Prof. Wim Bastiaanssen has been appointed as the Special Chair of Global Water Accounting at UNESCO-IHE. The Institute took the initiative to establish the Special Chair of Global Water Accounting, in close collaboration with the International Water Management Institute and the United Nations Food and Agriculture Organization.
A system of water accounting has so far been missing as an important element in the emerging system of global water governance. In view of the great water challenges that the world community is facing, the Institute and its partners the International Water Management Institute (IWMI) and the United Nations Food and Agriculture Organization (FAO) joined forces to pro-actively create and operationalize the research field of global water accounting. The Special Chair of Global Water Accounting will act as a catalyst and ambassador of good water science and education.
Prof. Bastiaanssen is a guest researcher at IWMI and is a Professor at the Delft University of Technology where he holds the Chair of Water Resources Management and Remote Sensing. He has a background in irrigation and drainage engineering and has a PhD in agro-hydrology, soil physics and groundwater management. His interest is to exploit earth observation data to improve water management worldwide.
The Special Chair will be principally based at UNESCO-IHE, but will regularly visit IWMI and FAO offices. The establishment of the Special Chair of Global Water Accounting is a joint initiative by the Institute's chair groups of Land and Water Development, Hydrology and Water Resources, Hydroinformatics and Water Management.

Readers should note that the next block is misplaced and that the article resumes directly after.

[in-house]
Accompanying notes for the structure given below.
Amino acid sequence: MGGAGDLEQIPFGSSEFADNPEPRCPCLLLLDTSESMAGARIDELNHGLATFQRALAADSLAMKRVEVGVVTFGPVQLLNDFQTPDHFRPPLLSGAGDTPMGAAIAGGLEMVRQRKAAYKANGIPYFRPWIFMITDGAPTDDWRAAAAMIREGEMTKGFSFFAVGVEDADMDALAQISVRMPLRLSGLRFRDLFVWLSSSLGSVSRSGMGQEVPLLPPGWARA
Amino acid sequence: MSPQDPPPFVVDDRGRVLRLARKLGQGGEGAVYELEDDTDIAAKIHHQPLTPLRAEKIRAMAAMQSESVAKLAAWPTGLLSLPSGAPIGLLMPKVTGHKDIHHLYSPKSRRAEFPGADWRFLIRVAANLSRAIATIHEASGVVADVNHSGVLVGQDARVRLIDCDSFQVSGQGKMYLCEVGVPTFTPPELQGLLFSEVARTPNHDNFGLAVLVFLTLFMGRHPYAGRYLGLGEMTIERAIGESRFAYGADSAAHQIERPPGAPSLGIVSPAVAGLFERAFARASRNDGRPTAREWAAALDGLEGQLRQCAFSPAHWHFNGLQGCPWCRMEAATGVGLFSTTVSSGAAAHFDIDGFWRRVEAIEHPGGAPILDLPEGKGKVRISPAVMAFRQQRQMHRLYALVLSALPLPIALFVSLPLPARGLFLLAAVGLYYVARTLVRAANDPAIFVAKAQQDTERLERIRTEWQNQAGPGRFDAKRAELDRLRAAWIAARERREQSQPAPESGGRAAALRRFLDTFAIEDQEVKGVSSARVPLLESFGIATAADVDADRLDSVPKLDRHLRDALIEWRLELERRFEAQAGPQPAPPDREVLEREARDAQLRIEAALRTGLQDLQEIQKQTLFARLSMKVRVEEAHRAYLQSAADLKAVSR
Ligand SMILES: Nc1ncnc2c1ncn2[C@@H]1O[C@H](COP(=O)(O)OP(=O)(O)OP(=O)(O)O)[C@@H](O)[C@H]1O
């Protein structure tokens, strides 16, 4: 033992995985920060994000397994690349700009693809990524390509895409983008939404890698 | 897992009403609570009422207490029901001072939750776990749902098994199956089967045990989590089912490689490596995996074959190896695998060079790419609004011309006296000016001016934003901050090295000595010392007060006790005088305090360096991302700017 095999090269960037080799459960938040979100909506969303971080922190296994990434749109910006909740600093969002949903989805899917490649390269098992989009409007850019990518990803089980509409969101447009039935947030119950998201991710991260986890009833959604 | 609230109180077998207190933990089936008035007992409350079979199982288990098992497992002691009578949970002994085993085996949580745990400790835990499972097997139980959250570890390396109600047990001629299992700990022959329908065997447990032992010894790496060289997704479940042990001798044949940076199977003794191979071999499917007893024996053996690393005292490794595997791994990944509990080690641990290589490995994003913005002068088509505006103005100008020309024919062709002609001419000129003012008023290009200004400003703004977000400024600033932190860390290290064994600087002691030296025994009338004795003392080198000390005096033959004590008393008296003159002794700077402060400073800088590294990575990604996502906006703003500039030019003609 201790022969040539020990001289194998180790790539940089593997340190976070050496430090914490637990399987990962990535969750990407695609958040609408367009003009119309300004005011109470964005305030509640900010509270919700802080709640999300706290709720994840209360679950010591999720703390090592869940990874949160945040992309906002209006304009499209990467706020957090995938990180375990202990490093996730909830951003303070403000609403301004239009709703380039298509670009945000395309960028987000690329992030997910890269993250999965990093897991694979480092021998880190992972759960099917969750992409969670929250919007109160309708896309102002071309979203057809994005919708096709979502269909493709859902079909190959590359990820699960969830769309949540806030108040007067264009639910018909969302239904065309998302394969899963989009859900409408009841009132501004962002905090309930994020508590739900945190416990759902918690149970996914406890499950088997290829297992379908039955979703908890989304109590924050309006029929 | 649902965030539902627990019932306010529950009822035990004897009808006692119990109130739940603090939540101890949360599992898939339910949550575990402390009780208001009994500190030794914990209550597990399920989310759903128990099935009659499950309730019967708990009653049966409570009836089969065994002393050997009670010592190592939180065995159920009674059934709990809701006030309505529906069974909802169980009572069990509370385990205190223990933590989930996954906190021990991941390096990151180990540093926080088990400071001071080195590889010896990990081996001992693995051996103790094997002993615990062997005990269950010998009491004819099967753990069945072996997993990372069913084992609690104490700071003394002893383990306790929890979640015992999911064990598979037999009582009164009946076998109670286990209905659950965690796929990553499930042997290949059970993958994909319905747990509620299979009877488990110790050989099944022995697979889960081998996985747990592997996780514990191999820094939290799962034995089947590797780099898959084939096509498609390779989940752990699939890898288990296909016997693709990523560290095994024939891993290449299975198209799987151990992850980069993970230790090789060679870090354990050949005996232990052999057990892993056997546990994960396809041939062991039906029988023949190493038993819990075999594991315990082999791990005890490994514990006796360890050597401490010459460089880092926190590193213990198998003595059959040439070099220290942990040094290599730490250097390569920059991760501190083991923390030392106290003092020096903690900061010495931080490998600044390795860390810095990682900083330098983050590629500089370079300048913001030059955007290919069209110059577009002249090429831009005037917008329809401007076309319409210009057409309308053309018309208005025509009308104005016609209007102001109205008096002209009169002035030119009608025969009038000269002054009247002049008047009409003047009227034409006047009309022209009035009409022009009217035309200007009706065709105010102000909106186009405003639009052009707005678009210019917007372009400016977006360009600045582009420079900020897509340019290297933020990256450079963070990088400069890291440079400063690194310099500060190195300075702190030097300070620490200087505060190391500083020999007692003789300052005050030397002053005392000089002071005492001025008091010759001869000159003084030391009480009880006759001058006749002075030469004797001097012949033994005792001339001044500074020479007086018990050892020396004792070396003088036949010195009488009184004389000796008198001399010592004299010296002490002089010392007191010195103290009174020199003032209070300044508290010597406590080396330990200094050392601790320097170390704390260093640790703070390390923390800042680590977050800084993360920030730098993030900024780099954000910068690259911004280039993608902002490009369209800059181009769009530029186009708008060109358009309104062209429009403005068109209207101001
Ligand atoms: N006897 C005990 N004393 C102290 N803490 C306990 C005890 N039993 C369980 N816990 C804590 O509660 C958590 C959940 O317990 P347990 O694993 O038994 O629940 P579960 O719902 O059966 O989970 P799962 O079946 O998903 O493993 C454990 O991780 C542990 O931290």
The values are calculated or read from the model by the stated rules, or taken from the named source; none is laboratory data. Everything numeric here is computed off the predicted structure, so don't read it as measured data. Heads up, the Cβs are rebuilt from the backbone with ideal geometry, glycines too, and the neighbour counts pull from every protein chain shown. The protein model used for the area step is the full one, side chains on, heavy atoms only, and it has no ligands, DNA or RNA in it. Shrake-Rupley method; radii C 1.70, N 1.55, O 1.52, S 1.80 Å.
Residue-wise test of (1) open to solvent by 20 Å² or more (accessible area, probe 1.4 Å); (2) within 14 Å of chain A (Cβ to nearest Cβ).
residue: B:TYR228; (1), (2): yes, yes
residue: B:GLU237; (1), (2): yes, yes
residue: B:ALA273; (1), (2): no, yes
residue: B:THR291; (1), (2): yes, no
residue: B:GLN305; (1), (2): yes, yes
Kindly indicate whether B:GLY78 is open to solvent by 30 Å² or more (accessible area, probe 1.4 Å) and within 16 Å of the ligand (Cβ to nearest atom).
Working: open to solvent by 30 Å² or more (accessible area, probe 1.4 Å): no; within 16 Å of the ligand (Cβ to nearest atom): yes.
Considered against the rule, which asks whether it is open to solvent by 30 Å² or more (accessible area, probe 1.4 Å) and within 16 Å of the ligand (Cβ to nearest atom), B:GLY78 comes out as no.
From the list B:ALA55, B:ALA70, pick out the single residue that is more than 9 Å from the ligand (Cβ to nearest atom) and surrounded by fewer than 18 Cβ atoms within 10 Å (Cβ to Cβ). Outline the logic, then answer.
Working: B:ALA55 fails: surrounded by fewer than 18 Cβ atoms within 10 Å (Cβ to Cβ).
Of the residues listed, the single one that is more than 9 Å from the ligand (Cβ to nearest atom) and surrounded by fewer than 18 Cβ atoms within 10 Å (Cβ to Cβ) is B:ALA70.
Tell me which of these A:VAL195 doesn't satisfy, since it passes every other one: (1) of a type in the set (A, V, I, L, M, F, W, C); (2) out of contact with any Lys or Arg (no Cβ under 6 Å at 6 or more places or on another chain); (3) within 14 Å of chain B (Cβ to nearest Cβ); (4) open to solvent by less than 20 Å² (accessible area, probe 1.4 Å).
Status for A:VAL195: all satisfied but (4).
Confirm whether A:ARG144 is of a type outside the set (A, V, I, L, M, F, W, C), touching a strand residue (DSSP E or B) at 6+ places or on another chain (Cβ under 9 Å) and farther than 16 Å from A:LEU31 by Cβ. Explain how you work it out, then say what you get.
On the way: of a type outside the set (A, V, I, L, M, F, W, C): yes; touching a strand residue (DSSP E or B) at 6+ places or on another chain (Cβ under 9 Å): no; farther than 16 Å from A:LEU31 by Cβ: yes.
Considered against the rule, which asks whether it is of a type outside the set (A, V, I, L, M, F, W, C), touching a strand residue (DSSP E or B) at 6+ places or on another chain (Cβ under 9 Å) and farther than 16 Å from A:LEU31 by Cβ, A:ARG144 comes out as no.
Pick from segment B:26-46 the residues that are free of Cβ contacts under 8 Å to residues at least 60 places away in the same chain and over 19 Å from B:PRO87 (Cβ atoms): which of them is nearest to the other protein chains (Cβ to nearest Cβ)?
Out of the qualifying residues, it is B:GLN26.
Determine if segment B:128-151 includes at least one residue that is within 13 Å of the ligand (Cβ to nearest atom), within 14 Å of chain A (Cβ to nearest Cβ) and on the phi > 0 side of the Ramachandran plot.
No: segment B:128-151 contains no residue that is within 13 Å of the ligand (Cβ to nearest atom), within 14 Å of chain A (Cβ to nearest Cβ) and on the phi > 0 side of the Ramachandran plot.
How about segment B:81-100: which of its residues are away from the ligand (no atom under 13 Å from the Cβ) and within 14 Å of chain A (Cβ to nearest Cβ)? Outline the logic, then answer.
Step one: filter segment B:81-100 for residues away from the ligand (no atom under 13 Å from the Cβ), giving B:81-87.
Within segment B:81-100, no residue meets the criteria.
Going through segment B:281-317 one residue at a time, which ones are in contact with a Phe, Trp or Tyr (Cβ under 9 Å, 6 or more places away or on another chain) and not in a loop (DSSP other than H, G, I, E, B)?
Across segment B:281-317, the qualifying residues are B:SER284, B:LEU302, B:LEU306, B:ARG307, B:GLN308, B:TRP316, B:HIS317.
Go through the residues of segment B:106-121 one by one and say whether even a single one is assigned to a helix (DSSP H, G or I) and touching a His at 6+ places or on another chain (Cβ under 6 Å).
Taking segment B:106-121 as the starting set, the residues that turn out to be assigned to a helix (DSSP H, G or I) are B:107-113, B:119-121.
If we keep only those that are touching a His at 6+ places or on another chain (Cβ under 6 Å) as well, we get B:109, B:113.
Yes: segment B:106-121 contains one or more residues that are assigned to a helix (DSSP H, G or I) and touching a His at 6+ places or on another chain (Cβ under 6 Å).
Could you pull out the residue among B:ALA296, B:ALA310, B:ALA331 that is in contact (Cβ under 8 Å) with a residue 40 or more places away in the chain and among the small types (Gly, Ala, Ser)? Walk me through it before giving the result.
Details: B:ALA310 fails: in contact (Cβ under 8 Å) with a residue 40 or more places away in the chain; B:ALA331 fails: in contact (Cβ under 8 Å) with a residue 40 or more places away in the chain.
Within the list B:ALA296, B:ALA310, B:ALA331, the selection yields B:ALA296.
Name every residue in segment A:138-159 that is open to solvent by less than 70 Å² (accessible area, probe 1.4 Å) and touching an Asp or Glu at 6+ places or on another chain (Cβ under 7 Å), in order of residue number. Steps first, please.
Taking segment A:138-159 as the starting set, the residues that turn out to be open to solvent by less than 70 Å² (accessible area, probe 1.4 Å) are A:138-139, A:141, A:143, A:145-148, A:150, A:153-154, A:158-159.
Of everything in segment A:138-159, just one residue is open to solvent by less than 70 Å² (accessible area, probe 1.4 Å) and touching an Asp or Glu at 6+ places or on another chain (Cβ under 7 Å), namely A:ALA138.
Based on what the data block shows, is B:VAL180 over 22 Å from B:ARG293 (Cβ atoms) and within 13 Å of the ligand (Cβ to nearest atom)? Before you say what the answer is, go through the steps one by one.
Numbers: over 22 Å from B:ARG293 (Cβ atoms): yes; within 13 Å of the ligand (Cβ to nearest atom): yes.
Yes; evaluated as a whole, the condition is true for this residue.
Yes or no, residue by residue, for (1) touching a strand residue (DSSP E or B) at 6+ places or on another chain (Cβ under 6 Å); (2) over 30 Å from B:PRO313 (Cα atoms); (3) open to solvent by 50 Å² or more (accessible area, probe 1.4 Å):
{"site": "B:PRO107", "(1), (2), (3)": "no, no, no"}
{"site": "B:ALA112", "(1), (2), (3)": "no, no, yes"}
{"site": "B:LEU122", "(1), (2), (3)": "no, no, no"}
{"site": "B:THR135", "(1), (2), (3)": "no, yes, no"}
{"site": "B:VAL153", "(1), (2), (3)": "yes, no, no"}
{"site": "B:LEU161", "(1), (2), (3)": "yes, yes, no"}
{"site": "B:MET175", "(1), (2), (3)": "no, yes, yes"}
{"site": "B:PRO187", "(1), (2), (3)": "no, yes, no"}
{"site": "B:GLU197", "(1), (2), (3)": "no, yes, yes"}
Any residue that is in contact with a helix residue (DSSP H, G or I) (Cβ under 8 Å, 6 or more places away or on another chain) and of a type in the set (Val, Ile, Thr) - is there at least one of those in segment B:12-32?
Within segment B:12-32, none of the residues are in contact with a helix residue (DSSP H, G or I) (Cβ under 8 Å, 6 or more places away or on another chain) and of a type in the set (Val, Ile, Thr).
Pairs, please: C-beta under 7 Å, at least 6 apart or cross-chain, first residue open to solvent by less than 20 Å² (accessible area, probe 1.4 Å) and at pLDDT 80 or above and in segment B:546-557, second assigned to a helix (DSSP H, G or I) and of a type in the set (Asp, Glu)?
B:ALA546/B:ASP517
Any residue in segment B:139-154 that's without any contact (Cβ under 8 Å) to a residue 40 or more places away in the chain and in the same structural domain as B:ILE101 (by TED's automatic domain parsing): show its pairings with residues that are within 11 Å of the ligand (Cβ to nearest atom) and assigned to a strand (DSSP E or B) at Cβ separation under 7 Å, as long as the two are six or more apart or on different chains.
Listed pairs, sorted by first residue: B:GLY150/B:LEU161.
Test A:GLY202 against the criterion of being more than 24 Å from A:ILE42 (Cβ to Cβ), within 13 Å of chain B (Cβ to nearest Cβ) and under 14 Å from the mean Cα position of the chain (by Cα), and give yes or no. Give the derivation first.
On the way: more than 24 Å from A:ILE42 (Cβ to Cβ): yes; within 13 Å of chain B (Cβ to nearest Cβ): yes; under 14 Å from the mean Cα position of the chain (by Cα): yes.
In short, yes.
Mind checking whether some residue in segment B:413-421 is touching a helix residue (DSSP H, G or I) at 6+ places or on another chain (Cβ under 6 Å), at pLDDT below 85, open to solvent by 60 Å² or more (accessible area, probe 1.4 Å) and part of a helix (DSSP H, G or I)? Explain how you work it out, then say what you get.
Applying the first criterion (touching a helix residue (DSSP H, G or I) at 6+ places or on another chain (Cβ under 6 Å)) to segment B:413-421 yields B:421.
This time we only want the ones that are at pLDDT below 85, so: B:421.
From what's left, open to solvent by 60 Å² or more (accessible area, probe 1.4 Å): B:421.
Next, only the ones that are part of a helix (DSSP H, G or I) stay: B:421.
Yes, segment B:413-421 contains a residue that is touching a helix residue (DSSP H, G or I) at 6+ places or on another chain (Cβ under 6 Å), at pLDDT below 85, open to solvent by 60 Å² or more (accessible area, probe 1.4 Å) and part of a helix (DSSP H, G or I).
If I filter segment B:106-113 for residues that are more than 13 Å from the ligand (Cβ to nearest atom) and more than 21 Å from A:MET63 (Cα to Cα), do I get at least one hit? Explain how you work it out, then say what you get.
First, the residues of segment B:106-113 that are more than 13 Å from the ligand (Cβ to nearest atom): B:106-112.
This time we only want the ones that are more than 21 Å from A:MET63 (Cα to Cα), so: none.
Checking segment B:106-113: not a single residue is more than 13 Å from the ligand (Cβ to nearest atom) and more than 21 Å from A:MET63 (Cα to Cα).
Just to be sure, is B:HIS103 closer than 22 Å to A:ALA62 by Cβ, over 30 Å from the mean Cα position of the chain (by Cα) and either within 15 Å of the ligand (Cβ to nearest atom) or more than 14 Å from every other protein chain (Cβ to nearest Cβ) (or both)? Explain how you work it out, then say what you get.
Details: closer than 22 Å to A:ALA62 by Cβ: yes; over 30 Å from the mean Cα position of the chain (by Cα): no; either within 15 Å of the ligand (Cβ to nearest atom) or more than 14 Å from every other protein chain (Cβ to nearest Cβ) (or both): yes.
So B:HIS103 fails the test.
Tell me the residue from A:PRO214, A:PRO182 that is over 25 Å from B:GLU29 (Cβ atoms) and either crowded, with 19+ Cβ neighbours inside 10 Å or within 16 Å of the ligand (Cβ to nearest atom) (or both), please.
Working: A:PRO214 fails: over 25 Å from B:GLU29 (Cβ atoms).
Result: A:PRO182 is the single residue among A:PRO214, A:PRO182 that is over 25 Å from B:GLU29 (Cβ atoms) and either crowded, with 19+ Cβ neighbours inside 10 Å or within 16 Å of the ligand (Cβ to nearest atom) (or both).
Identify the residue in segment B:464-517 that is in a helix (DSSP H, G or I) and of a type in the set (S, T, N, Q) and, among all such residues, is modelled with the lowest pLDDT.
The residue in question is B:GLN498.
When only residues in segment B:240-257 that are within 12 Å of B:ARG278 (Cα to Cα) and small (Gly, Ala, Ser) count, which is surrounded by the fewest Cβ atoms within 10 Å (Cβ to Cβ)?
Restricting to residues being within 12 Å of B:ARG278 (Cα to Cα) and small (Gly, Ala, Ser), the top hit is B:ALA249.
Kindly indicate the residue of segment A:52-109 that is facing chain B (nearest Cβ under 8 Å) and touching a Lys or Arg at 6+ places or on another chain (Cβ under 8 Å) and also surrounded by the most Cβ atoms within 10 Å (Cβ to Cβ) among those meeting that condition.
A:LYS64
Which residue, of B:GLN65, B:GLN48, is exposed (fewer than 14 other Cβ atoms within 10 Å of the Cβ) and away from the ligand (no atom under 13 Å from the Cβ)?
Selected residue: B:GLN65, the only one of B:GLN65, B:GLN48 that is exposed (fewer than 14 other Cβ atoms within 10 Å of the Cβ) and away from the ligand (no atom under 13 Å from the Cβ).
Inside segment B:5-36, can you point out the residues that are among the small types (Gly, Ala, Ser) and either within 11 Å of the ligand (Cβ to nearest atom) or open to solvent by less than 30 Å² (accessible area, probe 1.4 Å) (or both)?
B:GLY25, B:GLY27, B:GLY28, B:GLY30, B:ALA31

Many river basins experience issues of water stress and populations live with an inadequate level of water security. Imminent water crises could jeopardize the social and economic advances of recent years unless urgent action is taken to improve management of water resources. Water stress affects food and energy production, the ecological status of the basin, and adversely impacts on the health and livelihoods of its populations. Climate change and the associated increases in climate variability, as well as other global and regional changes, are expected to exacerbate water issues.
Access to accurate and up to date information continues to be a serious constraint for actors in the fields of natural resources management, in particular for water resources. Considerable progress has been made in many countries in processing and storage of basic data; however, routine access to the information contained in the data is often restricted to the host organization that “owns” the data, limiting the benefits that could be obtained by wider use. Moreover, the integration of data and information from across sectors that depend on access to water remains difficult and subject to case-by-case solutions.
The lack of access to data in international basins is cause for great concern. There is an urgent need for independently gathered water resources-related data sets that can be commonly understood by hydrologists, economists, agronomists, environmentalists, social scientists, legal experts and political scientists, and that enable evidence-based decision support and policy making.
Research in Global Water Accounting
The concept of water accounting provides a coherent and consistent water resources reporting methodology that comprises hydrological processes, distribution of water to various competing sectors, the consumption of water and the ecosystem services that result from that consumption.